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Rypticus saponaceus

Rypticus saponaceusis commonly referred to as Greater soapfish. Difficulty in the aquarium: Not suitable for home aquaria!. Toxicity: Has a poison harmful to health.


Profilbild Urheber AndiV

Copyright Ricardo Zaluar Passos, Foto: Arembepe, Bahia, Brasilien




Uploaded by AndiV.

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Profile

lexID:
4505 
AphiaID:
275963 
Scientific:
Rypticus saponaceus 
German:
Dreistachelige Seifenbarsch 
English:
Greater Soapfish 
Category:
Grammistinae 
Family tree:
Animalia (Kingdom) > Chordata (Phylum) > Actinopterygii (Class) > Perciformes (Order) > Serranidae (Family) > Rypticus (Genus) > saponaceus (Species) 
Initial determination:
(Bloch & Schneider, ), 1801 
Sea depth:
1 - 140 Meter 
Size:
25 cm - 35 cm 
Temperature:
22°C - 28°C 
Difficulty:
Not suitable for home aquaria! 
Offspring:
Not available as offspring 
Toxicity:
Has a poison harmful to health 
CITES:
Not evaluated 
Red List:
Least concern (LC)  
Related species at
Catalog of Life
:
 
Author:
Publisher:
Meerwasser-Lexikon.de
Created:
Last edit:
2018-09-16 18:33:51 

Uwaga!

This is a general hint!
Rypticus saponaceus has a harmful toxin.
As a rule, animals with a harmful poison do not pose any danger in normal Aquarieaner everyday life. Read the following husbandry information and comments from aquarists who already keep Rypticus saponaceus in their aquarium to get a better picture about the possible danger. However, please be careful when using Rypticus saponaceus. Every human reacts differently to poisons.
If you suspect that you have come into contact with the poison, please contact your doctor or the poison emergency call.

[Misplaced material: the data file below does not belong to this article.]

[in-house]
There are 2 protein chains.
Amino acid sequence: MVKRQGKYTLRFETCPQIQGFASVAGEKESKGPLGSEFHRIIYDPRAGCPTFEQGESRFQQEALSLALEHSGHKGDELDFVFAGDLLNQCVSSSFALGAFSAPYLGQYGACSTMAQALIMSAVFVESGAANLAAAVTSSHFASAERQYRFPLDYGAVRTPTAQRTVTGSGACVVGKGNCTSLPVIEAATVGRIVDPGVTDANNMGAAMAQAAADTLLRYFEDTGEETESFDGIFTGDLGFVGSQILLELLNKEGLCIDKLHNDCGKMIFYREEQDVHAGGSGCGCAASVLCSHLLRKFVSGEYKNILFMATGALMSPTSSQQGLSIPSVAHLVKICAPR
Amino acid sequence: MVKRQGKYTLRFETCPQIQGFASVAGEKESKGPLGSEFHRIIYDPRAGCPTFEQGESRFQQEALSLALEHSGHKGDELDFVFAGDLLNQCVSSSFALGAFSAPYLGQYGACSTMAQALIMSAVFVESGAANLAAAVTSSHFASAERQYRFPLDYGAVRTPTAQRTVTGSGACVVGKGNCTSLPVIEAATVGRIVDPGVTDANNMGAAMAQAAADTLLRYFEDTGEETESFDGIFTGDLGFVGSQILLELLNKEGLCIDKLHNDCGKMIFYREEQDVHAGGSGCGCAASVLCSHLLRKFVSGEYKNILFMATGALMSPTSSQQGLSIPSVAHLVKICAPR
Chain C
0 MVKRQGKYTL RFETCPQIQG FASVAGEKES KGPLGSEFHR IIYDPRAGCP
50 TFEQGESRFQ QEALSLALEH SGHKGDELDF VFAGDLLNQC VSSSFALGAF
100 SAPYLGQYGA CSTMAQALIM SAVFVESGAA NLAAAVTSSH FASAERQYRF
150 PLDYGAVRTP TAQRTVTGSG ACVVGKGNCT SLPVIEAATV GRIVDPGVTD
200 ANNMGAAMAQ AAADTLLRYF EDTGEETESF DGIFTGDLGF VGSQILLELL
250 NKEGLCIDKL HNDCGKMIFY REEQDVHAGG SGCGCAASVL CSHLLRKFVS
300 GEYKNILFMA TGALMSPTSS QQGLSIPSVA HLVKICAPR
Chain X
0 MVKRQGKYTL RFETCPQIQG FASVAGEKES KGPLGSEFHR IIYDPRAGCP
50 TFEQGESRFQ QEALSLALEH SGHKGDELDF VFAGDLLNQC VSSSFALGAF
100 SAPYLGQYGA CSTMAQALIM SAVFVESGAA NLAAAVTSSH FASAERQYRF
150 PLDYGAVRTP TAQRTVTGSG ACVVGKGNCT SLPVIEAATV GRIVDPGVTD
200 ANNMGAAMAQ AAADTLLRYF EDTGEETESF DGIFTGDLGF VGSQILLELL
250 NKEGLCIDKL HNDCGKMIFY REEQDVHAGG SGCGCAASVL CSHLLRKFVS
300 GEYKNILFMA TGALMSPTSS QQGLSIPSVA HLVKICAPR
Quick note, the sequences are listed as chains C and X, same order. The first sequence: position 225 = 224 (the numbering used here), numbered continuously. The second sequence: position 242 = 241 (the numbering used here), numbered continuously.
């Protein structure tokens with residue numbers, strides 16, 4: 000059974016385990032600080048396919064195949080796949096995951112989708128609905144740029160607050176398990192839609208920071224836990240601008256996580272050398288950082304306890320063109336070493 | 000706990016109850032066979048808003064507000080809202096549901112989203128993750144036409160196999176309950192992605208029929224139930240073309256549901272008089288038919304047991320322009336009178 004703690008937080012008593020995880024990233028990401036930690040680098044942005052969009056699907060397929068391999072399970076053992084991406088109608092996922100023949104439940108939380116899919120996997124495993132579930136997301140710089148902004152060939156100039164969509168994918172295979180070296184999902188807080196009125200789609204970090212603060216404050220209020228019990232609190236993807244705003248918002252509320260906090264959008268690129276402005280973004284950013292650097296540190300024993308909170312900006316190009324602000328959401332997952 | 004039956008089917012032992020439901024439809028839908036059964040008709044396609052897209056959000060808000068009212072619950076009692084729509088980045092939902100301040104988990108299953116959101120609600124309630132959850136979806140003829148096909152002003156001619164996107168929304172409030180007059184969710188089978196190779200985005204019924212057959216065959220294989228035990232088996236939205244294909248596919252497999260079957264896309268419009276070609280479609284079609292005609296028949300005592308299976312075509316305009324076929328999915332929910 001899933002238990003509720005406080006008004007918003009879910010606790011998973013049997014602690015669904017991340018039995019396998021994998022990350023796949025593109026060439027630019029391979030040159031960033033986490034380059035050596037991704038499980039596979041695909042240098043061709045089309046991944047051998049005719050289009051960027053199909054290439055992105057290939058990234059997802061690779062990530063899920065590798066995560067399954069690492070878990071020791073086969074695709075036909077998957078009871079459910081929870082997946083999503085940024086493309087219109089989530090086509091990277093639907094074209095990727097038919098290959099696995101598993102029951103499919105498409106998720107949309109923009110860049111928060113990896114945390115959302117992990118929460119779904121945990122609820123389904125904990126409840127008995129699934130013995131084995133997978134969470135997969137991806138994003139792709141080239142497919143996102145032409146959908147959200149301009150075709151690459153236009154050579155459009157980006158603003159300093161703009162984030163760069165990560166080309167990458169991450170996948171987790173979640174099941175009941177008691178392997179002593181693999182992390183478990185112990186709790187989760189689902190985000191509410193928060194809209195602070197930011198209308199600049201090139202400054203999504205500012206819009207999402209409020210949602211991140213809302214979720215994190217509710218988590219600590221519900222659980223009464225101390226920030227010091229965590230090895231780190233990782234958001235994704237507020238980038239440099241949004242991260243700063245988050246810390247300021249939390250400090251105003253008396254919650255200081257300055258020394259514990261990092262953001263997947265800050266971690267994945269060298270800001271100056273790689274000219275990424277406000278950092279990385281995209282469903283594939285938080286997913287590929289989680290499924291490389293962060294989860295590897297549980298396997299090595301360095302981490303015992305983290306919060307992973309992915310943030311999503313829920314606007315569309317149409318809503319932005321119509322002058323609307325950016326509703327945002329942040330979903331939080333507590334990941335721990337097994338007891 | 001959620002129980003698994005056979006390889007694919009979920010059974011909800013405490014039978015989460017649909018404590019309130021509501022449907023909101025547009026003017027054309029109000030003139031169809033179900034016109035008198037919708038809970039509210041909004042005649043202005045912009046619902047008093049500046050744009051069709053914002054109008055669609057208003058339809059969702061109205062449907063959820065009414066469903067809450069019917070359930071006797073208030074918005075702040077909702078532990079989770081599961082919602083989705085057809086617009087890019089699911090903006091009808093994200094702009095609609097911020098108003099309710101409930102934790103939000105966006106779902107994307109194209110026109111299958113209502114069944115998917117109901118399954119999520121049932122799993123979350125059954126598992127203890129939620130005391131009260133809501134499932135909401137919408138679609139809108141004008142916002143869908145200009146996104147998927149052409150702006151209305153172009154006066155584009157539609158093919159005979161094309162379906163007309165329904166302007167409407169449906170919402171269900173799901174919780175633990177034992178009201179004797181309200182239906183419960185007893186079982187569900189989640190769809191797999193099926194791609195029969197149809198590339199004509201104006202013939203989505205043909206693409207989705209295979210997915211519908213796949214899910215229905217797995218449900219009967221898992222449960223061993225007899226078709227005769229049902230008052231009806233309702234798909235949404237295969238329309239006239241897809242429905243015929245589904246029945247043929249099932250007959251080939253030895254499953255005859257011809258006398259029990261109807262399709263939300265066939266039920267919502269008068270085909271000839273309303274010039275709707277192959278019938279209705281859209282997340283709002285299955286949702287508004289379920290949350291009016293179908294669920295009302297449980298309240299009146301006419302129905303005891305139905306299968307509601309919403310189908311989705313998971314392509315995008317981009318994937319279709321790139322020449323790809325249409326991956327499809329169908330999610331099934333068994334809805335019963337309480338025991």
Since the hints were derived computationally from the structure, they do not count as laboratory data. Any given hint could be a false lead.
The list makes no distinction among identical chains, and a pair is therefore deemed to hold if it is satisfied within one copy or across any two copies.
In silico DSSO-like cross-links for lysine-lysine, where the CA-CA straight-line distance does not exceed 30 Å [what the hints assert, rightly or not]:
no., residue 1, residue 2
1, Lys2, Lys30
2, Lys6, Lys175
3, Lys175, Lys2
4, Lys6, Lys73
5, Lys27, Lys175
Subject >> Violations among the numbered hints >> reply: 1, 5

The phone number of the poison emergency call can be found here:
[overview_and_url_DE]
Overview Worldwide: eapcct.org

Info

(Bloch & Schneider, 1801)

Distribution
Western Atlantic: Bermuda and southern Florida, USA to Brazil. Eastern Atlantic: Mauritania to Angola, including St. Paul's Rocks, Cape Verde, St. Helena and Ascension islands.
One record from Cape of Good Hope, South Africa.

Solitary species, inhabiting shallow water on bottoms with eroded limestone or mixed sand and rocks, as well as around reefs.
Often found lying motionless against rocks.

Secretes copious mucus which makes its surface slimy and when disturbed the slime turns into a soapy foam.
The mucus has been shown to contain a toxic protein.
Nocturnal, frequently seen around the bases of coral colonies and near mouths of caves.

Synonym:
Anthias saponaceus Bloch & Schneider, 1801

Classification: Biota > Animalia (Kingdom) > Chordata (Phylum) > Vertebrata (Subphylum) > Gnathostomata (Superclass) > Pisces (Superclass) > Actinopteri (Class) > Perciformes (Order) > Percoidei (Suborder) > Serranidae (Family) > Grammistinae (Subfamily) > Rypticus (Genus) > Rypticus saponaceus (Species)

External links

  1. FishBase (multi). Abgerufen am 19.08.2020.
  2. Homepage Prof. Dr. Peter Wirtz (en). Abgerufen am 19.08.2020.
  3. IUCN Red List of Threatened Species (multi). Abgerufen am 19.08.2020.

Pictures

Juvenile


Commonly


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